We arrived in our hotel in East Jerusalem on Monday evening. During our Tuesday morning walking tour of East Jerusalem and the Old City, we learned that the police department just blocks away from our hotel was taken over by the Israeli police. Our tour guide described it as having a “dark future” due to the Judaization of Jerusalem and the high likelihood that it will be taken over by settlers.
We received a detailed description of the different religious buildings and beliefs surrounding Jerusalem’s Old City. More interesting and striking to me however, were the illegal settlements in the Muslim and Christian quarters of the Old City (again, easily observed by the Israeli flags marking the territories).
We met with several young men and women from the Silwan Youth Center on Tuesday. Most of the women had brothers whose fathers who have been jailed by the Israeli government and the men themselves have all experienced imprisonment. We learned that 65,000 people live in Silwan and on November 1, 2004, they began the first destruction of homes in the town to make room for settlers. Palestinians would have to pay a bounty so their homes wouldn’t be demolished. The village also experiences many arrests of Palestinian children. We met one boy who has been arrested 15 times since he was 9 years old. He has not returned to school and has been wandering the streets. When asked what prison is like, he matter-of-factly stated, “It’s just 4 walls.”
The Silwan Youth Center and protest tent above the building were developed by young people. The center is funded by the volunteers themselves. They have a soccer team for children whose houses are under threat of demolition and a summer camp for 100 students in the neighborhood. They are trying to help children lead a normal life. A large banner on one of the walls of the center was in dedication to a child who was found burned alive by settlers. It was a sad reminder of the ultimate price so many pay under occupation.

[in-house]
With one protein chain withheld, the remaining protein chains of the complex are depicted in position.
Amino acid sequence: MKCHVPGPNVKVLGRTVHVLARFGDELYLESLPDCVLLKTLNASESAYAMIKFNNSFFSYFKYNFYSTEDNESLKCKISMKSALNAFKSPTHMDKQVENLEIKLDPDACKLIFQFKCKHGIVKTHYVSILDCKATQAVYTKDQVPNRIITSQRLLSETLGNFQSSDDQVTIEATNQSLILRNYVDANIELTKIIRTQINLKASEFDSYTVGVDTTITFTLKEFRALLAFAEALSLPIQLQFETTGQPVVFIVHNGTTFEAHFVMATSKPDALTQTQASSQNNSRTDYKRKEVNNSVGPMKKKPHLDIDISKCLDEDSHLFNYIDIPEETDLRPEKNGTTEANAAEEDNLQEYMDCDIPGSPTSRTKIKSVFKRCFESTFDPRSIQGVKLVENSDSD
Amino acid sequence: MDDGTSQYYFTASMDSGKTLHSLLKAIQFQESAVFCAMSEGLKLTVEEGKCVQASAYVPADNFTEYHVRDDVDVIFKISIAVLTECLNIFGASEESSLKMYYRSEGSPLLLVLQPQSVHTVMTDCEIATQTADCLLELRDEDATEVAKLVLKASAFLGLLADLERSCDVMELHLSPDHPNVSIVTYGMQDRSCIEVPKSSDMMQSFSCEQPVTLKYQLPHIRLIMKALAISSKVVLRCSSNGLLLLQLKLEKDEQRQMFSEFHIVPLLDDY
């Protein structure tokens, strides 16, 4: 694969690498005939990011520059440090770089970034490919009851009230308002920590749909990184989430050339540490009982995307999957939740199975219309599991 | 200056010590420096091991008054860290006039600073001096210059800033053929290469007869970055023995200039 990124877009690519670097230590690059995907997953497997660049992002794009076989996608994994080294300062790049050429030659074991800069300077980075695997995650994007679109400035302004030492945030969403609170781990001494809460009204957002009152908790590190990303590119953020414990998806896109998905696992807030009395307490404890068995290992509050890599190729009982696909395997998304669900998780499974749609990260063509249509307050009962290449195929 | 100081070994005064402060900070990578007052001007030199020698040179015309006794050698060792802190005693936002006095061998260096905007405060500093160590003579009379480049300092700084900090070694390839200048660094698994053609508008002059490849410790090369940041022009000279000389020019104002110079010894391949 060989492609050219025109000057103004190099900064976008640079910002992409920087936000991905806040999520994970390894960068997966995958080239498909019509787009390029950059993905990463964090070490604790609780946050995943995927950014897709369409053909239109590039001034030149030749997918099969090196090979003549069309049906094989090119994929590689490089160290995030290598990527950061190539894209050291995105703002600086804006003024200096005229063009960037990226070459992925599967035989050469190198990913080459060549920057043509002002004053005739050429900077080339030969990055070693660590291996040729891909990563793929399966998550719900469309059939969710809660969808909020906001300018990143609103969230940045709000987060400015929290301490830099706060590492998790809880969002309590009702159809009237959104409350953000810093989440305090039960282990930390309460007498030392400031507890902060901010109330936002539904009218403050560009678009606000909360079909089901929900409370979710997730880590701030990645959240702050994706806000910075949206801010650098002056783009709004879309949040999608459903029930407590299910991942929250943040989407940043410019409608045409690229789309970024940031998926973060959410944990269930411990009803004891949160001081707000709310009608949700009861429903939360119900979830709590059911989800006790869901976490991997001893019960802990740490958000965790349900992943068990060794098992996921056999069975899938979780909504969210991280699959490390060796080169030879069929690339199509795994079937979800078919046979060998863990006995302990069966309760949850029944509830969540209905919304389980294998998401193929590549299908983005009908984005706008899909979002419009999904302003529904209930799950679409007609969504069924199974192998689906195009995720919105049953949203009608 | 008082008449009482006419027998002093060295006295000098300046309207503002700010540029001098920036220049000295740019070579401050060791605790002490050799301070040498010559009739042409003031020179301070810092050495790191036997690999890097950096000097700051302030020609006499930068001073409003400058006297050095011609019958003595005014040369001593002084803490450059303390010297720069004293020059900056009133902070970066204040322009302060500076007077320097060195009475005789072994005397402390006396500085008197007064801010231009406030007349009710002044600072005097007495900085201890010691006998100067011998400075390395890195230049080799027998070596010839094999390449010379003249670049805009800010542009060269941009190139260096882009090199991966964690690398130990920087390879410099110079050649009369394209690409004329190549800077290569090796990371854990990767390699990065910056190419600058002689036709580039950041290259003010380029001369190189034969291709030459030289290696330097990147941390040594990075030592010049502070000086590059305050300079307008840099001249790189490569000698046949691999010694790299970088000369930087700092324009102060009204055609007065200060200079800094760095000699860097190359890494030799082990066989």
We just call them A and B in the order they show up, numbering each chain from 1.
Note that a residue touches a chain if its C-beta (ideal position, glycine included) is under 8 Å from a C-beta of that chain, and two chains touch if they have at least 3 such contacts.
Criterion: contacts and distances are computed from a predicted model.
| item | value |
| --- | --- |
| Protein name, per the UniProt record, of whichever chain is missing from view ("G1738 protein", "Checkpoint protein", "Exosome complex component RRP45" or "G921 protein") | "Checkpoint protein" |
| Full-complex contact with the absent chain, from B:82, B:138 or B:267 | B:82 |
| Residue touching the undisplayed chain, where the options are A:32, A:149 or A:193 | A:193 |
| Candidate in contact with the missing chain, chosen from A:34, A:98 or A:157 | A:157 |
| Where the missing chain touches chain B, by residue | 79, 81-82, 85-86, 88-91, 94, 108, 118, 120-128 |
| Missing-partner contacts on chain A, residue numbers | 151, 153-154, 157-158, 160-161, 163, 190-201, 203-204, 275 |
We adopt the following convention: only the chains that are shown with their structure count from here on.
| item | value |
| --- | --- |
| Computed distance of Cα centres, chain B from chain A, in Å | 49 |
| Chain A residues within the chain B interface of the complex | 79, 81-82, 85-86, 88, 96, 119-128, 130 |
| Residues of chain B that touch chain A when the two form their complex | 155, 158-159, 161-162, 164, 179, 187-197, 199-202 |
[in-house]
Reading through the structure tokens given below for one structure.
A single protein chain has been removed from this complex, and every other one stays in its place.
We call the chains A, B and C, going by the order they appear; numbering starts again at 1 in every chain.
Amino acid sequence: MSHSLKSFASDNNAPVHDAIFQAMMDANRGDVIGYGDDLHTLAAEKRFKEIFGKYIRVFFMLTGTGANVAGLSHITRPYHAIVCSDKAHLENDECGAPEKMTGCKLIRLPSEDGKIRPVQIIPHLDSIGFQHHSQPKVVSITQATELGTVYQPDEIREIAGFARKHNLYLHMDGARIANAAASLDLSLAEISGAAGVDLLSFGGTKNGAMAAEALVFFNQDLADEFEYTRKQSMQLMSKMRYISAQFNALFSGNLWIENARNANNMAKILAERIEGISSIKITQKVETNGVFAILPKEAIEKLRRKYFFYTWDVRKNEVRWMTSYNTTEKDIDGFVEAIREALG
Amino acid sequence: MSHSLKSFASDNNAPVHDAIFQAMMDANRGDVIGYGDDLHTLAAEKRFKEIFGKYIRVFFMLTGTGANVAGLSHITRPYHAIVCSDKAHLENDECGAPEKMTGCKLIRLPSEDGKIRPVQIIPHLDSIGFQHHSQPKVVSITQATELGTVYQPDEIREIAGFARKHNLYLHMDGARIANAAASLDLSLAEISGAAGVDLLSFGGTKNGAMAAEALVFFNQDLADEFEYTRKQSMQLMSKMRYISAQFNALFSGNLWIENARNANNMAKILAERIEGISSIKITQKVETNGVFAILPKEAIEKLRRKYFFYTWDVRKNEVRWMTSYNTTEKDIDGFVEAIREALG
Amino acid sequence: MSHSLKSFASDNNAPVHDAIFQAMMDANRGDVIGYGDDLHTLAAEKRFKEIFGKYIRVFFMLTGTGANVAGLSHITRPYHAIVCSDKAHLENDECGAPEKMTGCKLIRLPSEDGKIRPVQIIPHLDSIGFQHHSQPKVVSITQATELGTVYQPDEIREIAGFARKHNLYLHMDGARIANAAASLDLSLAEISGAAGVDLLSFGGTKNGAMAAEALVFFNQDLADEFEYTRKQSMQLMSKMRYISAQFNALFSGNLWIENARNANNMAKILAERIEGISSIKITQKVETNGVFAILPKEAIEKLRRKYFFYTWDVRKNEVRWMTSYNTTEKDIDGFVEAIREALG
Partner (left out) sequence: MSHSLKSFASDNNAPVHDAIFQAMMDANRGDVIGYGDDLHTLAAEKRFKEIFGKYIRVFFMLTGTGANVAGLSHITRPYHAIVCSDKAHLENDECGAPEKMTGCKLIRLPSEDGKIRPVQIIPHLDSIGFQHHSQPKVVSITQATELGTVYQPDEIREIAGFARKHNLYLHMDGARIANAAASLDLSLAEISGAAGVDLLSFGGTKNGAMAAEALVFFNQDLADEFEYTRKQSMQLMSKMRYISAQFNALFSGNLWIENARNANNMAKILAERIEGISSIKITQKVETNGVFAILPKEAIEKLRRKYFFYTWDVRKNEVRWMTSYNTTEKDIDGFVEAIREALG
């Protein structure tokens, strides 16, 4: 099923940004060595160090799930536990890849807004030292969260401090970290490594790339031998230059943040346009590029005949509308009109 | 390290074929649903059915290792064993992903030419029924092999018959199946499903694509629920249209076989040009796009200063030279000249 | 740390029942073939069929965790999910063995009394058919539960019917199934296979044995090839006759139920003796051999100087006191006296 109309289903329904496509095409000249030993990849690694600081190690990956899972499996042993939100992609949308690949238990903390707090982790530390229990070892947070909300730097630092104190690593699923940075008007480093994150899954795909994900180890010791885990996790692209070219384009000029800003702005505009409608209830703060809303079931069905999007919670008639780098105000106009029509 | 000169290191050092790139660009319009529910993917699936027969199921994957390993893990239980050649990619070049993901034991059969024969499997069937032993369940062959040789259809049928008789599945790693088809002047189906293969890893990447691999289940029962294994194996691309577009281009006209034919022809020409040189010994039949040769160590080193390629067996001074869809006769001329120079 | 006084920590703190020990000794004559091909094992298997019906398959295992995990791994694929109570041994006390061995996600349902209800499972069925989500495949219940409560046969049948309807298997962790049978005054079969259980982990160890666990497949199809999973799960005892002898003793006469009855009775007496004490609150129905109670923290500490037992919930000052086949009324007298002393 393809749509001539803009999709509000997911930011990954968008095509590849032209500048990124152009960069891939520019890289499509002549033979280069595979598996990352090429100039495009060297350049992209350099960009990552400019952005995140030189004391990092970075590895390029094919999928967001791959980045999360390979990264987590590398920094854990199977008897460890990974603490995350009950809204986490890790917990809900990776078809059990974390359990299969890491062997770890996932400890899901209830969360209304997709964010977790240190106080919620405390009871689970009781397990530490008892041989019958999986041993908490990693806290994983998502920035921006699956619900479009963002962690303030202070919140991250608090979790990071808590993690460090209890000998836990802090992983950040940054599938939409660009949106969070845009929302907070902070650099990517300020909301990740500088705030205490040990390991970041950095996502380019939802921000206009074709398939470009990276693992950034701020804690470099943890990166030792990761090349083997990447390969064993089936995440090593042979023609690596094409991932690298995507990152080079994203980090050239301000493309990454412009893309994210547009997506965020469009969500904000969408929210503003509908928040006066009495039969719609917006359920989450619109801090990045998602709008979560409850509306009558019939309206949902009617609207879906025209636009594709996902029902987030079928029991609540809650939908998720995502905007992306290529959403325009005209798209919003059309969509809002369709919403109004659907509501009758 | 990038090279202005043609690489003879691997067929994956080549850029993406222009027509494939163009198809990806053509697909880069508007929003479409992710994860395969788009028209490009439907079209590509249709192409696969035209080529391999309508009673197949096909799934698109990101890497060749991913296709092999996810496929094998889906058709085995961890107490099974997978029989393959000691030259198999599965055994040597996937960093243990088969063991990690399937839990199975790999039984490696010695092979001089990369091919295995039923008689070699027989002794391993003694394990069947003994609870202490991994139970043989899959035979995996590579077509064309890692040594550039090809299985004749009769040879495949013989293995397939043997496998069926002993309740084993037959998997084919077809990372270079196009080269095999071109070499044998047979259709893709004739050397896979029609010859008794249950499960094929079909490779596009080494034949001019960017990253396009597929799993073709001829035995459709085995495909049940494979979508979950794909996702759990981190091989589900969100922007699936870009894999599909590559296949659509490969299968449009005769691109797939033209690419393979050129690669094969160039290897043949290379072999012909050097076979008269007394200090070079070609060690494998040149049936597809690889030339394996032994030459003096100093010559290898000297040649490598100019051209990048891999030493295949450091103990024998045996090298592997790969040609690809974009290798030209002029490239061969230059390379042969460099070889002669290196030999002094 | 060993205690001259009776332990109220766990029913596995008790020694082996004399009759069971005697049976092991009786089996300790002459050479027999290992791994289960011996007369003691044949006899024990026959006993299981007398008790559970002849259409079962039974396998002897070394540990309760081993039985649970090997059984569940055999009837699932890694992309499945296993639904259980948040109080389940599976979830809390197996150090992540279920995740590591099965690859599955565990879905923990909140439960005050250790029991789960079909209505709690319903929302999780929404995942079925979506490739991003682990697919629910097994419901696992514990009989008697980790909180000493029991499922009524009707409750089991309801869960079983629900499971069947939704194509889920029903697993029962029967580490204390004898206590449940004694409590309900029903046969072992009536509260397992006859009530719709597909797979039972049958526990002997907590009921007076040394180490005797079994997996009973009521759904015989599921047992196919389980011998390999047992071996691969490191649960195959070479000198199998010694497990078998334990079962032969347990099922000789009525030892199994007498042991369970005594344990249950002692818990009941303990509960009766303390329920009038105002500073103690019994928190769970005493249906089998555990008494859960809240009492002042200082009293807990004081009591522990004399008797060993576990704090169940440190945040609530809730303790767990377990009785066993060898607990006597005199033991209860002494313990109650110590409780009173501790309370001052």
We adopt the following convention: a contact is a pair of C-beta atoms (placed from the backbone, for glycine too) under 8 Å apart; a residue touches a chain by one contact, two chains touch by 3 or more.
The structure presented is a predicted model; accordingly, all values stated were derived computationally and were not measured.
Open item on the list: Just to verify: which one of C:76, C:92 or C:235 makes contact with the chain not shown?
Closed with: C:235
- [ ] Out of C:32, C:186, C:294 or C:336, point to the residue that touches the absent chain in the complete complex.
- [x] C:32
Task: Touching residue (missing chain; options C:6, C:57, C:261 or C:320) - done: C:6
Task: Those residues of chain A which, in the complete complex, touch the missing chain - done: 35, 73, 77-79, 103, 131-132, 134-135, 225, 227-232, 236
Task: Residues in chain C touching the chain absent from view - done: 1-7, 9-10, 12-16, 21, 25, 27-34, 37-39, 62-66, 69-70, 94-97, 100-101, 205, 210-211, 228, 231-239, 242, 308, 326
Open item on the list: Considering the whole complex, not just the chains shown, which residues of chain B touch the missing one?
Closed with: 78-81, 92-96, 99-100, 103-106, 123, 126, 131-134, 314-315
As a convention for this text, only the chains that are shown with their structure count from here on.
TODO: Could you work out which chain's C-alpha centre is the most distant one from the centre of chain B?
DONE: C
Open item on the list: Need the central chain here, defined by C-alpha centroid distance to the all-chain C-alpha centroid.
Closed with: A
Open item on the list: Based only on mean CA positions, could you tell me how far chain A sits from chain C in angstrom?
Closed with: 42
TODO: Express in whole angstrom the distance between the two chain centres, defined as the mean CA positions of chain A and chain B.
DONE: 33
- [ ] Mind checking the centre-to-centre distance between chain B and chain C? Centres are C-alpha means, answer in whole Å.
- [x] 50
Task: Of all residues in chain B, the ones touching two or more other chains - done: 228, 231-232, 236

Settlers are encouraged to move in by the government. There are currently 60 Jewish families in Silwan costing the government 6 million shekels a month to live in Silwan. Settlers are protected by 340 guards 24 hours a day in four shifts. Settlers are paid 500 shekels a day, given a car, and guards to live in the village. Settlers and their guards have killed Palestinians in Silwan.
On the flipside, there are no services or infrastructure in Silwan for Palestinians, even though they pay taxes. Families of 8-10 people may live in 2 rooms because they cannot build houses. If a Palestinian doesn’t pay someone privately to demolish their own house, they have to pay up to $5,000 for the government to do it and then another $5,000 for them to clean up the rubble (if they don’t do it themselves).
Everyday life in Silwan was described as living “between houses getting demolished and being arrested.” We were shown the rubble of a house destroyed in 2008 and were told of a house that was just bulldozed by a Caterpiller bulldozer this morning in the village at 6am. When asked the children’s hope for the future, they quickly responded “rights” and “freedom.” We were told of the joke, “Palestinians are easy to please.” They just want a normal life.”
AFSC Palestine Youth Together for Change Program – Gaza
Since virtually no one can enter or leave Gaza at this time, we Skyped with Palestinians from the AFSC Palestine Youth Together for Change Program in the Gaza Strip.
When asked what life was like in Gaza we were told how the Israeli government is trying to fragment Palestinians by making them in different lands and it will make them weaker.
One woman quickly corrected someone who referred to last summer’s assault as a war and stated instead, “It’s not a war, it’s an aggression.”
Many of the Gazans we spoke with had to turn down educational opportunities such as attending medical school in Jordan, college with a scholarship in Tunisia, and more as they aren’t allowed to leave Gaza. They reminded us that the situation in Gaza is very bad, but they feel they need to stand for their rights. We stand with them.